Have The Remains Of The Buddha Been Found In China?

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Depending on your philosophy towards religion, you may or may not believe that your deity or spiritual figure of choice has left a physical trace on upon this blue-green globe. There have been numerous efforts to find literal proof of such physical traces—such as the “real” Noah’s Ark, the birthplace of Christ, and verifying the authenticity of the Shroud of Turin.

And now we have this recent archeological discovery in China, in which cremated human remains within a ceramic box are speculated to be that of the Buddha.

The inscription on the box, which was found in Jingchuan County, indicates that the remains were buried June 22, 1013, and belong to the Buddha:

The monks Yunjiang and Zhiming of the Lotus School, who belonged to the Mañjuśrī Temple of the Longxing Monastery in Jingzhou Prefecture, gathered more than 2,000 pieces of śarīra (cremated Buddha remains), as well as the Buddha’s teeth and bones, and buried them in the Mañjuśrī Hall of this temple” on June 22, 1013.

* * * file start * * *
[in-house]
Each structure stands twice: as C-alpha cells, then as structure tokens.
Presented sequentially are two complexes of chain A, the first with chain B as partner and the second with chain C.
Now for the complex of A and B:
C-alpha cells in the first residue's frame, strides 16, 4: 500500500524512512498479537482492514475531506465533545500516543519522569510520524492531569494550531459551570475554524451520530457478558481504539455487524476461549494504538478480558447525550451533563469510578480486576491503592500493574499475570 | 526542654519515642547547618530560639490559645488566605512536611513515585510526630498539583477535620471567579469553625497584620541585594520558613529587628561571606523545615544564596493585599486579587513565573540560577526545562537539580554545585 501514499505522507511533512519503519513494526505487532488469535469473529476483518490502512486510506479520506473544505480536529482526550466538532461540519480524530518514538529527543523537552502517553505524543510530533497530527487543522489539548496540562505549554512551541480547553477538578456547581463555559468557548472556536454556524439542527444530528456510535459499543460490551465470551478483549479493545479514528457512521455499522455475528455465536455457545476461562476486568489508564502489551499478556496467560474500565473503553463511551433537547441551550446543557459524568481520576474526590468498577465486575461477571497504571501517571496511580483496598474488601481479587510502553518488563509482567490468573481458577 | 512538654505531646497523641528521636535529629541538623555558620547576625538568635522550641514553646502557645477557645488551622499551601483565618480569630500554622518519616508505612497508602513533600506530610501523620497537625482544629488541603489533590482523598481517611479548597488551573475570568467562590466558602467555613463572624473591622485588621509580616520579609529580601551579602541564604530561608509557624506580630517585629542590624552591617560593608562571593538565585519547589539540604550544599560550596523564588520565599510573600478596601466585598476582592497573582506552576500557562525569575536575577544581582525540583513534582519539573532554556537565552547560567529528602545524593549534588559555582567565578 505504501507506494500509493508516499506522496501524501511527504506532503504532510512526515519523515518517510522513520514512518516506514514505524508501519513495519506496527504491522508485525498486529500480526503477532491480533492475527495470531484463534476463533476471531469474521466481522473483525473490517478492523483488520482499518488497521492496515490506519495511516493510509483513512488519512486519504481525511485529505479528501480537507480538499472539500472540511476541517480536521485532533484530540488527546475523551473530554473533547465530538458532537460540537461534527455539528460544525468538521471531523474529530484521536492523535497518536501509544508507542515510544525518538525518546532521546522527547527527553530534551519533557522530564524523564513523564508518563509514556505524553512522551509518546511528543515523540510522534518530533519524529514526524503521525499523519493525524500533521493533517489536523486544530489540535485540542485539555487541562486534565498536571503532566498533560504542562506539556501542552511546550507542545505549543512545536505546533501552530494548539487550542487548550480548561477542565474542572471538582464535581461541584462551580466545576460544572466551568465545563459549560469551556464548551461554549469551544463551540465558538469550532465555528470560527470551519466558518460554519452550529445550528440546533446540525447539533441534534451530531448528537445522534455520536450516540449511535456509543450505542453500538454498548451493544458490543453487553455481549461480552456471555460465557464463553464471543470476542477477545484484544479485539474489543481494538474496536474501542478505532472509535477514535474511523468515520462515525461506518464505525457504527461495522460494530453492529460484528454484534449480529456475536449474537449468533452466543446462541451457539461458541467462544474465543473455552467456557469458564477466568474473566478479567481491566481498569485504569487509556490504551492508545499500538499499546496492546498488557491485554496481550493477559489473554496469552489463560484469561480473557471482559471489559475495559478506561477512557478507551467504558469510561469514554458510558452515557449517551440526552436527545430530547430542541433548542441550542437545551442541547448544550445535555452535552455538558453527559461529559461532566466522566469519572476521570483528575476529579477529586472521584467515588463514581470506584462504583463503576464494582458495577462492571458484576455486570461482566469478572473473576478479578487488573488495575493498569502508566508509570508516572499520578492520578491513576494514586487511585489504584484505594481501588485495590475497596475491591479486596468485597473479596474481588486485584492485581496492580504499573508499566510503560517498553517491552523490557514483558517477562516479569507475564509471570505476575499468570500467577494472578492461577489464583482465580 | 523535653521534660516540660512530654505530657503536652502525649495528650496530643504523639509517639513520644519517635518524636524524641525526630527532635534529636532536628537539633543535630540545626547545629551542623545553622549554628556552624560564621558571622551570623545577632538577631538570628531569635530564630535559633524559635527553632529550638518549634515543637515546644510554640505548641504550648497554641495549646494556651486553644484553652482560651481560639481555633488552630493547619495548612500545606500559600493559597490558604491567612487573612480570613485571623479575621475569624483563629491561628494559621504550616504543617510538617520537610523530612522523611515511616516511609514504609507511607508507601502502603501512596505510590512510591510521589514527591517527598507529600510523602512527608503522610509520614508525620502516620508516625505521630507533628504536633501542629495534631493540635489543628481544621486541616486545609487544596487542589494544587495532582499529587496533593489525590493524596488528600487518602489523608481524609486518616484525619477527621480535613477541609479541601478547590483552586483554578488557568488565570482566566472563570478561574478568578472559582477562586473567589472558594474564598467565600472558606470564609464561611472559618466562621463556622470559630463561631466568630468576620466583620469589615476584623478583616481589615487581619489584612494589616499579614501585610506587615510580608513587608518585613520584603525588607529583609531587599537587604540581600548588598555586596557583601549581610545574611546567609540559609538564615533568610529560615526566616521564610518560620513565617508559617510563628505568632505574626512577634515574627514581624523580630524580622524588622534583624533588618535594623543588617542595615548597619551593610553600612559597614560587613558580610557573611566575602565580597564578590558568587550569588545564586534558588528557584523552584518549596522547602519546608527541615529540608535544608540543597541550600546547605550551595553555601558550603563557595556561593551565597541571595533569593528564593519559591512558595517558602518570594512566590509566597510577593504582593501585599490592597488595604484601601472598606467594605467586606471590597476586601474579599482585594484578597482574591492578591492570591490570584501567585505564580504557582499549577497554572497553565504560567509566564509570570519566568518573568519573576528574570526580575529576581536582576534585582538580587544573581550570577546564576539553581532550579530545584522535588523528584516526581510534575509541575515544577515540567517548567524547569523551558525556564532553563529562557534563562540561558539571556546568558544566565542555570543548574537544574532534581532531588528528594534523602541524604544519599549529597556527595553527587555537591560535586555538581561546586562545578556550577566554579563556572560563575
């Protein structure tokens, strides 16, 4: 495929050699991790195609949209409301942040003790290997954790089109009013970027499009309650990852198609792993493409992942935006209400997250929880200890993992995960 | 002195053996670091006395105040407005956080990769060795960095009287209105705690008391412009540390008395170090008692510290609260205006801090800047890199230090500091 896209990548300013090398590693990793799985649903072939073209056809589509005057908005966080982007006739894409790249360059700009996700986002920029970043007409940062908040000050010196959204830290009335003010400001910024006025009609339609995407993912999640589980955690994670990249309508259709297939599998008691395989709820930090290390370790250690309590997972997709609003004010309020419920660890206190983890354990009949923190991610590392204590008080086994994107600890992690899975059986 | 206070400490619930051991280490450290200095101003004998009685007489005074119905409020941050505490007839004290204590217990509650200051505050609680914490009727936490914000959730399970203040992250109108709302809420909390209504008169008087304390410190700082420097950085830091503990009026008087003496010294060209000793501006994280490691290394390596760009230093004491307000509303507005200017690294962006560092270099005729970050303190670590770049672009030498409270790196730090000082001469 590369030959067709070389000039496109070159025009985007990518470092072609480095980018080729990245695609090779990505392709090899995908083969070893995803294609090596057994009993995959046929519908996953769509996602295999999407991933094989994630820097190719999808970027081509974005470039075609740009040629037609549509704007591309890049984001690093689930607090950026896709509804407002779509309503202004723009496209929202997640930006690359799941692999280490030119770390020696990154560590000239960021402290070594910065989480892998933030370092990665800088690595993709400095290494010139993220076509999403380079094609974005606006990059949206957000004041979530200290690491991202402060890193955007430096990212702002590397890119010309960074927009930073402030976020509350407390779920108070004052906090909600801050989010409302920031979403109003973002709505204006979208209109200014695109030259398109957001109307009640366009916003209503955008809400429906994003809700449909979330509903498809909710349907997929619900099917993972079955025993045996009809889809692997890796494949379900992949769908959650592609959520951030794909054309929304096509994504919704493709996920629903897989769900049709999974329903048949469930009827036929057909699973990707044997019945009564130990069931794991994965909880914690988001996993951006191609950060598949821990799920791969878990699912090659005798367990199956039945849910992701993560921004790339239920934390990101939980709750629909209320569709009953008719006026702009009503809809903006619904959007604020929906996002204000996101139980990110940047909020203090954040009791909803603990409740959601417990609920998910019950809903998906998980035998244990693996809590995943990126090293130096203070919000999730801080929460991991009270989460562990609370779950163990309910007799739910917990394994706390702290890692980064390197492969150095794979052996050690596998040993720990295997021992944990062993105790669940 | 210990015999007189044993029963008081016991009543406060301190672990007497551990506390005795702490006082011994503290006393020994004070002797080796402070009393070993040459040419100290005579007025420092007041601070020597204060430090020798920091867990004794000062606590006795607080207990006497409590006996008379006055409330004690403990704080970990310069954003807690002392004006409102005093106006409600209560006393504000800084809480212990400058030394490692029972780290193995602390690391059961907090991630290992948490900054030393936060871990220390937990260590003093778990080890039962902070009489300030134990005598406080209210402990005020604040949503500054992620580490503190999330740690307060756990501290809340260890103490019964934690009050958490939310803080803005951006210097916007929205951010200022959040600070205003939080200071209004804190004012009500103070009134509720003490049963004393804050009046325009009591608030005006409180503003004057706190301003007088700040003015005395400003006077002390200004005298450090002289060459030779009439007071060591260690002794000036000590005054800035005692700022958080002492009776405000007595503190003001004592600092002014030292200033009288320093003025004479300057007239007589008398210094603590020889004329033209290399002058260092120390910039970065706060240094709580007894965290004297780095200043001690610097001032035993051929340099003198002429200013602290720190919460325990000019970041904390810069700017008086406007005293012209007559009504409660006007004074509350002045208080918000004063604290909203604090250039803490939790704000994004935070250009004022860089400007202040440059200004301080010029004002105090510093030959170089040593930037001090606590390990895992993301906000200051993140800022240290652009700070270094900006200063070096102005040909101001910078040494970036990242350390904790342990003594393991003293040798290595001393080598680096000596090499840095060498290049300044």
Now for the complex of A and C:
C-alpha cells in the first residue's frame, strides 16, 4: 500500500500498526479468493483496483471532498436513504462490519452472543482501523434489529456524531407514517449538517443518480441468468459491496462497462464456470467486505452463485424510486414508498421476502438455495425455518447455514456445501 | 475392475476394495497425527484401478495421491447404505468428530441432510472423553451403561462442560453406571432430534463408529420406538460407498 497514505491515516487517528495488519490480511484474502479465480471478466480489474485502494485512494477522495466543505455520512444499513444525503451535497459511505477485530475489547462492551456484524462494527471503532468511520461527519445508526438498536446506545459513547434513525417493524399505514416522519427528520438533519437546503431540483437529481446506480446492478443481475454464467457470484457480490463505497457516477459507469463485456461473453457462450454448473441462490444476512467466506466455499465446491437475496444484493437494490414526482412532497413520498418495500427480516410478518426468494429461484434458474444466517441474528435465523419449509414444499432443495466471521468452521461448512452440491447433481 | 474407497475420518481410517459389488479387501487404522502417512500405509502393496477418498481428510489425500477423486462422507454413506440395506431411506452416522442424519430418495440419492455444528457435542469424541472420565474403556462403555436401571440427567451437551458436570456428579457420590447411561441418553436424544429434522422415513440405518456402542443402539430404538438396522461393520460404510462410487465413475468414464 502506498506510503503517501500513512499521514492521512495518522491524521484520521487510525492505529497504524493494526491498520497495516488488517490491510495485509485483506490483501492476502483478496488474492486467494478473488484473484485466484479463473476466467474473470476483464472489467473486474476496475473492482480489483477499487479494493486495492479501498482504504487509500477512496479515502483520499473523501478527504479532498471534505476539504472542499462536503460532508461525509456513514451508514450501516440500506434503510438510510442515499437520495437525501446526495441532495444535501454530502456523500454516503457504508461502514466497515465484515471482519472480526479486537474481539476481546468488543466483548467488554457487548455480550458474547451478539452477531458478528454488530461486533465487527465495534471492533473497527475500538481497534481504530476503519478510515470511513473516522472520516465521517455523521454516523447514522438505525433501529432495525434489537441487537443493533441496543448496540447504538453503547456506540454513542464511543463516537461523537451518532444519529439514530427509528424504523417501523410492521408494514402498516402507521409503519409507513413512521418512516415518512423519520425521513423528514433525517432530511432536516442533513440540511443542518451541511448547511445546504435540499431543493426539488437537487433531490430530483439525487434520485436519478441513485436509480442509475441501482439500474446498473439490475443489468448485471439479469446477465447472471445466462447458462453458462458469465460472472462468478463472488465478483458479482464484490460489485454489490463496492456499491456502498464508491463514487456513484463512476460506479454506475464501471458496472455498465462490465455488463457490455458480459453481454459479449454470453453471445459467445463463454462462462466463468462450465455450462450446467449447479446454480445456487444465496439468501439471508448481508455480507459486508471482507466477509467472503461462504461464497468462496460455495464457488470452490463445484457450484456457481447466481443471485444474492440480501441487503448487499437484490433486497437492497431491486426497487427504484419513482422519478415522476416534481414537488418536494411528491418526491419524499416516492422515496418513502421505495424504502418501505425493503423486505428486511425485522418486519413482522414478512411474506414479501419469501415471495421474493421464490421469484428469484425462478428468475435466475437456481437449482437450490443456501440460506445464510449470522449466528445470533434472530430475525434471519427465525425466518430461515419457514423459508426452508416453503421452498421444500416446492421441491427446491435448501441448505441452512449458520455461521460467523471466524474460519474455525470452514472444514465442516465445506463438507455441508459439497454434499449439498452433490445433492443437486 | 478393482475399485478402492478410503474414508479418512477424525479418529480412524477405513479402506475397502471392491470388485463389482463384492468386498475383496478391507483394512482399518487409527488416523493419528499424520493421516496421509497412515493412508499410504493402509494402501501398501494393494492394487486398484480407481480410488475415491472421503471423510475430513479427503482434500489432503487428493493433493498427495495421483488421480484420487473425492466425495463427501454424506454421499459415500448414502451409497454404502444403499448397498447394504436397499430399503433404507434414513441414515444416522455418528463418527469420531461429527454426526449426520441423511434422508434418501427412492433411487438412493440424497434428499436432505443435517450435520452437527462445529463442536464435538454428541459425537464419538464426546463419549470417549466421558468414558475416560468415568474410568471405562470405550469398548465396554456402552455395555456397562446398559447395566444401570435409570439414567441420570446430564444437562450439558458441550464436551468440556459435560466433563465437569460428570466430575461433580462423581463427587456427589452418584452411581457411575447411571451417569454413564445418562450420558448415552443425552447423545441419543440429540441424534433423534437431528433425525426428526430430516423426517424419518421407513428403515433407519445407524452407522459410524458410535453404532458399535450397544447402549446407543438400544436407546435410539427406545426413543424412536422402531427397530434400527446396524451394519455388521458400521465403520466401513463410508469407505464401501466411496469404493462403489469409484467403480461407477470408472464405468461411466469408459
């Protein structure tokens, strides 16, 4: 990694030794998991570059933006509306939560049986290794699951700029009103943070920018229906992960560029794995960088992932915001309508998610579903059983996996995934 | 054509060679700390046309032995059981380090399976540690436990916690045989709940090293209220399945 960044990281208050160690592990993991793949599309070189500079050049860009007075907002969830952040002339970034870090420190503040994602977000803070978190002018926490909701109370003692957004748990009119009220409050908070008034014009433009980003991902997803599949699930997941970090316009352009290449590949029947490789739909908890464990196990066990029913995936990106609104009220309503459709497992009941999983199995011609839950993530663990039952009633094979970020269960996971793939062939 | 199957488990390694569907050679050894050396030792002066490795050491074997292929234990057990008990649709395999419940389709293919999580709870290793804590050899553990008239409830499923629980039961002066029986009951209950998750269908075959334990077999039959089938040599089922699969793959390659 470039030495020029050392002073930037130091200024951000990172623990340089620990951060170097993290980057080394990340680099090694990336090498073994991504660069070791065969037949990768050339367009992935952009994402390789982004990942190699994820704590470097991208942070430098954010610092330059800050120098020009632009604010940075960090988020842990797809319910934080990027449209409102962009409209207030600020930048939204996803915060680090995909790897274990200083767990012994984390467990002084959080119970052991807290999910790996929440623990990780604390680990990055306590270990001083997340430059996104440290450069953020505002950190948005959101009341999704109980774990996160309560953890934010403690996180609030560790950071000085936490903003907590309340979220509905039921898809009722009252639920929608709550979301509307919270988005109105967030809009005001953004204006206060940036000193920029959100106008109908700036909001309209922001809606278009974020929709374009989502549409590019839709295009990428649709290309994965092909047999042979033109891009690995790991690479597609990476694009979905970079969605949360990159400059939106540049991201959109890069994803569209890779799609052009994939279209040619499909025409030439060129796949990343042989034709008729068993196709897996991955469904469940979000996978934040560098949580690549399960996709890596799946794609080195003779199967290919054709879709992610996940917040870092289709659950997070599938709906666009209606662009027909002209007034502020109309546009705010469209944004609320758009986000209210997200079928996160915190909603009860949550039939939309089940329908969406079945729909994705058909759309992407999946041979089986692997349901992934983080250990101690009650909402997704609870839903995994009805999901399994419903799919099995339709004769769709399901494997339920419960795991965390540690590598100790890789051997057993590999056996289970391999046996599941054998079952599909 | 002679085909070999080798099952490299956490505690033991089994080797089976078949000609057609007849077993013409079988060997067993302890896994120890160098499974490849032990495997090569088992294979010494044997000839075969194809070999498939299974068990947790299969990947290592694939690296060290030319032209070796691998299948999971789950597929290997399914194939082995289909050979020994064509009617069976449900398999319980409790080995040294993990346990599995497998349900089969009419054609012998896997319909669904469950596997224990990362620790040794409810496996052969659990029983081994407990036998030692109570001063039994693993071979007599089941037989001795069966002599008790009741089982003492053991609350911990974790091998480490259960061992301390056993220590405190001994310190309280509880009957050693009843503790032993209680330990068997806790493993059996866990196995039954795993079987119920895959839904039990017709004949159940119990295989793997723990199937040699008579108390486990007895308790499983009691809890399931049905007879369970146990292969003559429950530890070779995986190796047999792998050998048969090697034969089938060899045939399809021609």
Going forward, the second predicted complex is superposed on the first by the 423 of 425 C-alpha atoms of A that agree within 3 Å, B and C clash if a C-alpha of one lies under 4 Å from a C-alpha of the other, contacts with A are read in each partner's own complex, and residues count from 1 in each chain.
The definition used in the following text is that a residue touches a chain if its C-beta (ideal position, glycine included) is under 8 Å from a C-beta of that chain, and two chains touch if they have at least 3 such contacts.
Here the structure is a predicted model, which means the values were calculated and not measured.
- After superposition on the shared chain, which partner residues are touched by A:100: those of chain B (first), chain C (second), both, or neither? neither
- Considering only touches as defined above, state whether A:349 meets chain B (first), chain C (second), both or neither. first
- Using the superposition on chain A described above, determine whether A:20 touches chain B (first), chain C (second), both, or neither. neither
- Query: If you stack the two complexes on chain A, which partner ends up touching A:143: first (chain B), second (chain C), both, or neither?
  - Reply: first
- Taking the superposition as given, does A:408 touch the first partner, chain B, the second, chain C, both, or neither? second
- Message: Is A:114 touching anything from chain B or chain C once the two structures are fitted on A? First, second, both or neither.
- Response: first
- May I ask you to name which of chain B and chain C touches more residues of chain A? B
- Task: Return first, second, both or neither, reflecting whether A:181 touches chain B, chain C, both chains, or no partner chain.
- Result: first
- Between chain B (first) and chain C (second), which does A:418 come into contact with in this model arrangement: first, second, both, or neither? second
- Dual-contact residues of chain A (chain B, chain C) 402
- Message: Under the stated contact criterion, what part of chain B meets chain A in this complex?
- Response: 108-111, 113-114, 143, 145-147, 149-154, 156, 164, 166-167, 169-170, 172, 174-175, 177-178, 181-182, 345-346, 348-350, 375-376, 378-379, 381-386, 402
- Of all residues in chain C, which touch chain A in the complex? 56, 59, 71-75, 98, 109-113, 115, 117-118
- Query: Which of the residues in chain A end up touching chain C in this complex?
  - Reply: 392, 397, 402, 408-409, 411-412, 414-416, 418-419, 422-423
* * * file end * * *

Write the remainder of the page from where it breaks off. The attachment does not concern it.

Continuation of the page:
To reach this goal, both of them practiced the instruction of Buddhism during every moment of their lives for more than 20 years. Sometimes they received the śarīra from others’ donations; sometimes they found them by chance; sometimes they bought them from other places; and sometimes others gave them the śarīra to demonstrate their wholeheartedness.

The historical Gautama Buddha is said to have lived from 563 B.C. to 483 B.C.. Previous archeological discoveries in China have found other remains purporting to be that of the great spiritual figure, including a skull bone found in a gold chest.

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